Stillbirth profoundly impacts families, society, and healthcare systems [8] and efforts to reduce the stillbirth rate have recently gained momentum globally [911]. For migrant women, unfamiliarity with new healthcare systems, language barriers, sociocultural factors, and health habits may contribute to the risk of stillbirth [6,12]. Acculturation is the cultural, psychological and behavioural changes experienced by migrants as a result of interaction with the host community over time [13]. Variables such as country of birth, ethnic identification, proficiency in language, and length of residence in the new country, have been used as proxies to measure acculturation in relation to health outcomes among migrants in other settings [1417]. Evidence from the US and Europe suggests that acculturation, perhaps through lifestyle modification [14,15], may improve birthweight and gestational-age in some migrant populations [16] but can negatively impact these outcomes in others [17]. Further, a lower risk of stillbirth was reported in migrant women whose baby was registered with a Norwegian-born father compared to those with foreign-born fathers, suggesting a potential benefit from acculturation for stillbirth risk [18]. Similar research is limited in Australia and the impact of acculturation on stillbirth risk is poorly understood; we have previously shown that the migrant population, compared with the Australian-born population, utilise healthcare services differently. Late commencement of antenatal-care visits and lack of access to or uptake of doctor-provided intrapartum-care as well as absence of private health insurance emerged as underlying factors for increased risk of stillbirth in specific ethnic groups in Western Australia (WA) [19]. However, it is not clear whether the risk of stillbirth persists the longer migrants live and interact with the community in Australia.

We investigated the influence of acculturation on disparities observed in the risk of stillbirth between migrants from diverse ethnic backgrounds and Australian-born populations in WA from 2005 to 2013. Specifically, the effect of length of residence, age on arrival, interpreter use and having an Australian-born partner were explored as proxies for acculturation.


Study design and participants

De-identified administrative health data for all non-Indigenous births in WA, from 1 January 2005 to 31 December 2013, linked through the WA Data Linkage System (WADLS) of WA Department of Health [20,21], were utilised for this retrospective cohort study.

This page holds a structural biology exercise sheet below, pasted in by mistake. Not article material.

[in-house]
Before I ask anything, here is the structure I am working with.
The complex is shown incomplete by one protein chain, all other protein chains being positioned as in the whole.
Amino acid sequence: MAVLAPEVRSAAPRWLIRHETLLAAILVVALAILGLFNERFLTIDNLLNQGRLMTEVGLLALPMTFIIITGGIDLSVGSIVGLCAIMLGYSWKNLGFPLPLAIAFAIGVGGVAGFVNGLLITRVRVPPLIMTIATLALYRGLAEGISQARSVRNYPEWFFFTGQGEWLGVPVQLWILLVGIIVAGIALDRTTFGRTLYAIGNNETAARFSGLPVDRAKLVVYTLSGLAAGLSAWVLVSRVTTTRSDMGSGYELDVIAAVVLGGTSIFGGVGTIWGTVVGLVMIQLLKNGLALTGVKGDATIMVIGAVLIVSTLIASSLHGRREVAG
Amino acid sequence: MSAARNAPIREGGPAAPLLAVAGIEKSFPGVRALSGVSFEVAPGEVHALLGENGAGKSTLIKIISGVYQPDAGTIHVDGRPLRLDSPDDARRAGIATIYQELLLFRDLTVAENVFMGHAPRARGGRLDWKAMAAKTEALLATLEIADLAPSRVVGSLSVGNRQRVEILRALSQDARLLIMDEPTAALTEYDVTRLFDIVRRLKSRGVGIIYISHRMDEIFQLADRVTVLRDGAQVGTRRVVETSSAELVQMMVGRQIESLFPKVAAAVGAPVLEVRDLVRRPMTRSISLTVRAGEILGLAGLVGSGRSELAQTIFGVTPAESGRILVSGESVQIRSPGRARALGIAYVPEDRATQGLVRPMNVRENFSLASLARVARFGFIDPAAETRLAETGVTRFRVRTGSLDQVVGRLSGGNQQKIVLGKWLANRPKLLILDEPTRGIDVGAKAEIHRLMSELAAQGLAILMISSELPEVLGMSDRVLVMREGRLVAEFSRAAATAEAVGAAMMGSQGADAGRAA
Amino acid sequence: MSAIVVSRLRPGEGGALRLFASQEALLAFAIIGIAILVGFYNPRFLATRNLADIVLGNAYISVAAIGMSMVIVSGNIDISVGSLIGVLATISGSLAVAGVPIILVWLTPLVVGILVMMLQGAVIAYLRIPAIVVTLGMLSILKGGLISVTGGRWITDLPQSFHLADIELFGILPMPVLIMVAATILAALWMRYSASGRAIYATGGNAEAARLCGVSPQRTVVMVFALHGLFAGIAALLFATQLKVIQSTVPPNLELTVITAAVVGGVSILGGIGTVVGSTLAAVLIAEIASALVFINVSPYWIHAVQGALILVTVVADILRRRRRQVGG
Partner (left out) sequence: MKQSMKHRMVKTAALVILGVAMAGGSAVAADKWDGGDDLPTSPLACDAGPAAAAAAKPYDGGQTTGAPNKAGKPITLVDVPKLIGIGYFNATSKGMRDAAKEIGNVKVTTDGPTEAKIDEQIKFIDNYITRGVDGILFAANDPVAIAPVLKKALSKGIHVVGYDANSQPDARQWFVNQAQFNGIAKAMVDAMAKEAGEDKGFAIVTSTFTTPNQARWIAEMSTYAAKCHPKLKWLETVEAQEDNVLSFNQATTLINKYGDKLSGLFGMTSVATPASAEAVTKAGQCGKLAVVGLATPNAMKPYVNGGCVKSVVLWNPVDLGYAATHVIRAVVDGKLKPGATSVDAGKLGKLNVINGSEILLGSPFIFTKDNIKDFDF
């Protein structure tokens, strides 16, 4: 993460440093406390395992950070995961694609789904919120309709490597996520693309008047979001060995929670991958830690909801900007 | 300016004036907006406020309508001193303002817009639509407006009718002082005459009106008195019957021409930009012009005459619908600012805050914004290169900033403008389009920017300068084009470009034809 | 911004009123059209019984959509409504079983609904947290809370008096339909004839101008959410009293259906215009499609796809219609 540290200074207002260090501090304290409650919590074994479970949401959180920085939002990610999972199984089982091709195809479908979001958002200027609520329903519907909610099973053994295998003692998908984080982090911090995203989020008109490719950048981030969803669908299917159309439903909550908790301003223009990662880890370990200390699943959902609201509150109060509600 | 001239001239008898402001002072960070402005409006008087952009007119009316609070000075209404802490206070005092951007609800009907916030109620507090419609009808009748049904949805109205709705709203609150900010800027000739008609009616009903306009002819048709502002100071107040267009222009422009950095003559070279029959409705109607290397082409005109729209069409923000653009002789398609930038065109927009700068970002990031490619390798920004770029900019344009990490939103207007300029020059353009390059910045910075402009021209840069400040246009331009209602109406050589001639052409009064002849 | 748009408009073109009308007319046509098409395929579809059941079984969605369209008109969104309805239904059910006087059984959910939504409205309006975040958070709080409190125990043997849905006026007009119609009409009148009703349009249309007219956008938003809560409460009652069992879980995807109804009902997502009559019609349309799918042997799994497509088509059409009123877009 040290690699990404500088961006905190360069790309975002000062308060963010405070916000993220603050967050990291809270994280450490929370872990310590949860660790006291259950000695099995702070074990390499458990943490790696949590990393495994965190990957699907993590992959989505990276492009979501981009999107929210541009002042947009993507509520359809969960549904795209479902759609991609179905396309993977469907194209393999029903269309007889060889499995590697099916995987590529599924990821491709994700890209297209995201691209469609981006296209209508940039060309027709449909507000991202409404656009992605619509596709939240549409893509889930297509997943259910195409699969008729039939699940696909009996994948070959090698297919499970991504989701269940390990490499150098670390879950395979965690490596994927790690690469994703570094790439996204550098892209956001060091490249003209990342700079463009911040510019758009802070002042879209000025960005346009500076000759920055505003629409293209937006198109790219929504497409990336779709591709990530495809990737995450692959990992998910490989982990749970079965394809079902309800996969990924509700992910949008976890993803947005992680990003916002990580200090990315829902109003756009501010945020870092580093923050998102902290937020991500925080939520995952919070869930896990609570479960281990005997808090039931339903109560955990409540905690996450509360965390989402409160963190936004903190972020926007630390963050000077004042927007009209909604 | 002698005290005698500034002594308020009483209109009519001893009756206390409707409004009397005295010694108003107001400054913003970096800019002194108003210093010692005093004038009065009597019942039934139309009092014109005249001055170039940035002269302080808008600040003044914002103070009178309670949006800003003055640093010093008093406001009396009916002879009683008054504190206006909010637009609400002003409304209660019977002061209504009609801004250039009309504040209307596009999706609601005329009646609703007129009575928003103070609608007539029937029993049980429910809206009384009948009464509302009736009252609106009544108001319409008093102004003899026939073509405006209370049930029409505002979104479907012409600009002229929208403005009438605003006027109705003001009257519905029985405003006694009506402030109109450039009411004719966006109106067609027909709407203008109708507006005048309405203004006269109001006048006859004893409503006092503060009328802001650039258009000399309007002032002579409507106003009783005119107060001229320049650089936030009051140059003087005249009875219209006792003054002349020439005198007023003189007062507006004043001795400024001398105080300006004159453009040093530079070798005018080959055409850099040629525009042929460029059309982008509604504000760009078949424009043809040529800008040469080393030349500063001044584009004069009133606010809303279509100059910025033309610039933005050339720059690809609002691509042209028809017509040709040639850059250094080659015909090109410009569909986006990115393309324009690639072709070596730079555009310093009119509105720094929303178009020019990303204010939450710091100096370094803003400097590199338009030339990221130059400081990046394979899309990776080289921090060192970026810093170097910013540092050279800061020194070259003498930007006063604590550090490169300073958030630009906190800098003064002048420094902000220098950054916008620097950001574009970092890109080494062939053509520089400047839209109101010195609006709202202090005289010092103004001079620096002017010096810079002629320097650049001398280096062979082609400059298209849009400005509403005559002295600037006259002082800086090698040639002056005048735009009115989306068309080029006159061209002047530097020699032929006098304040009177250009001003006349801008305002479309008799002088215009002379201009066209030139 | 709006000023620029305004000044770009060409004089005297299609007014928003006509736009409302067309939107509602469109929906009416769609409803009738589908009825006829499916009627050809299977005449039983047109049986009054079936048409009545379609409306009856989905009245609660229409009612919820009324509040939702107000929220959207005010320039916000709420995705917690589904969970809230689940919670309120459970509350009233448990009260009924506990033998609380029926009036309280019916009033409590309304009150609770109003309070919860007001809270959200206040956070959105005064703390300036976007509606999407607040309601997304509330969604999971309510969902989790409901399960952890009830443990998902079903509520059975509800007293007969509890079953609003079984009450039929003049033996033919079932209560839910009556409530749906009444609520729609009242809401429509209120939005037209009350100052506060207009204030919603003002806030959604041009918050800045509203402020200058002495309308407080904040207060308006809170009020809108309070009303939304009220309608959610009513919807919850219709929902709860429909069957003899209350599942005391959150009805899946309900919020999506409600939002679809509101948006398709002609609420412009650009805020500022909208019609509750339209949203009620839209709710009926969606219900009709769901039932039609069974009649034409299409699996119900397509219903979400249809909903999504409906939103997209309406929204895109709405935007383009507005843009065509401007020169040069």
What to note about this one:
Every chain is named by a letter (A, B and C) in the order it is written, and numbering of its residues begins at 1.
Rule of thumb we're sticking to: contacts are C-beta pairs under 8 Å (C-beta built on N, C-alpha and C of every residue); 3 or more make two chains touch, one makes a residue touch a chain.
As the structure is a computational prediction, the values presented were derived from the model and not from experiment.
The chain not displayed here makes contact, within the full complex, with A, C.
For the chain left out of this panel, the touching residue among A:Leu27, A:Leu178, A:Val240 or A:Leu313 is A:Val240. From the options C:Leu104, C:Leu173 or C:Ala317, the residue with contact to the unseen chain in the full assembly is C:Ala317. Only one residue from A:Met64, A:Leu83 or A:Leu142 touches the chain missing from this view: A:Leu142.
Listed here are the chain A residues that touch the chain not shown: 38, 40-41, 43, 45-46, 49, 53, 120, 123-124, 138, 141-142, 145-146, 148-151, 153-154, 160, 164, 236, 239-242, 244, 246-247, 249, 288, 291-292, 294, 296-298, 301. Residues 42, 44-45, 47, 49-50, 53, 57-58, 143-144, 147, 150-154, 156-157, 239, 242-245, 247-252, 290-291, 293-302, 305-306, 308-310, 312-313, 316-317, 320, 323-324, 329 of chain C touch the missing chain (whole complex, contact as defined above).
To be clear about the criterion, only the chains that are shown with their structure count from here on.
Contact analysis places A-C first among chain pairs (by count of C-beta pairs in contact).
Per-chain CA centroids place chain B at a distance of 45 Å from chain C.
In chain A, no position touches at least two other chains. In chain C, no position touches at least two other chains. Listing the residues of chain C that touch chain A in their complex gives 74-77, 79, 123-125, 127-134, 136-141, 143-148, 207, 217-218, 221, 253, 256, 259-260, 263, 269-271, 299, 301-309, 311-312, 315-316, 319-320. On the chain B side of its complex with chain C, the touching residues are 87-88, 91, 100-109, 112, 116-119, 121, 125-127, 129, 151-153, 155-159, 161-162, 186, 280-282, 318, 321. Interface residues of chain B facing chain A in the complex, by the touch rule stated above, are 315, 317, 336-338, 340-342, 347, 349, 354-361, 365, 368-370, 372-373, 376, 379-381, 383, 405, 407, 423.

Data sources

WADLS was established in 1995, mainly for population health research purposes as a collaborative work between the WA Department of Health and researchers. It has successfully linked data dating back to the 1970s and has provided support to more than 400 studies just in its first ten years of operation [21]. The linkage procedures used are widely known as “best practice” [21,22]. Using numerous automated and manual sub-processes specifically designed to reduce the likelihood of errors, WADLS prides itself on the highest quality of the linkages it produces [23,24].

For this study a range of statutory data collections was used including the Midwives’ Notification System (MNS), the Hospital Morbidity Data Collection (HMDC), Birth and Death Registrations and the WA Registry of Developmental Anomalies (WARDA). Genealogical linkage through the Family Connections Linkage Facility of the WADLS [25] was used to link mothers with child records. The details of the datasets used were described elsewhere [6,19].

Data from MNS, Birth Registration and HMDC records on the country of birth and ethnicity of mothers and their migrant status (migrant = overseas-born) were available for 99.99% of women through cross-source checking. The migrant population was further stratified by self-reported maternal ethnicity (from MNS) as white (Caucasian), Asian, Indian, African, Māori, and ‘other’ which was available for the entire population of study. It is worth noting that in Australia, women born in India or those from an Indian background born elsewhere are categorised separately and are not classified within the Asian group for which the majority were born in China, Vietnam, Malaysia, or Indonesia [6].

Exposure and outcome variables

Stillbirth (defined as the death of a baby of at least 20 completed weeks of gestation, or 400 grams or more birthweight, before the complete expulsion or extraction from the mother) [26] was the outcome of interest and was recorded in the status of the baby at birth (MNS data). Terminations of pregnancy, identified and ascertained through WARDA and Death Registrations data, were excluded (n = 433).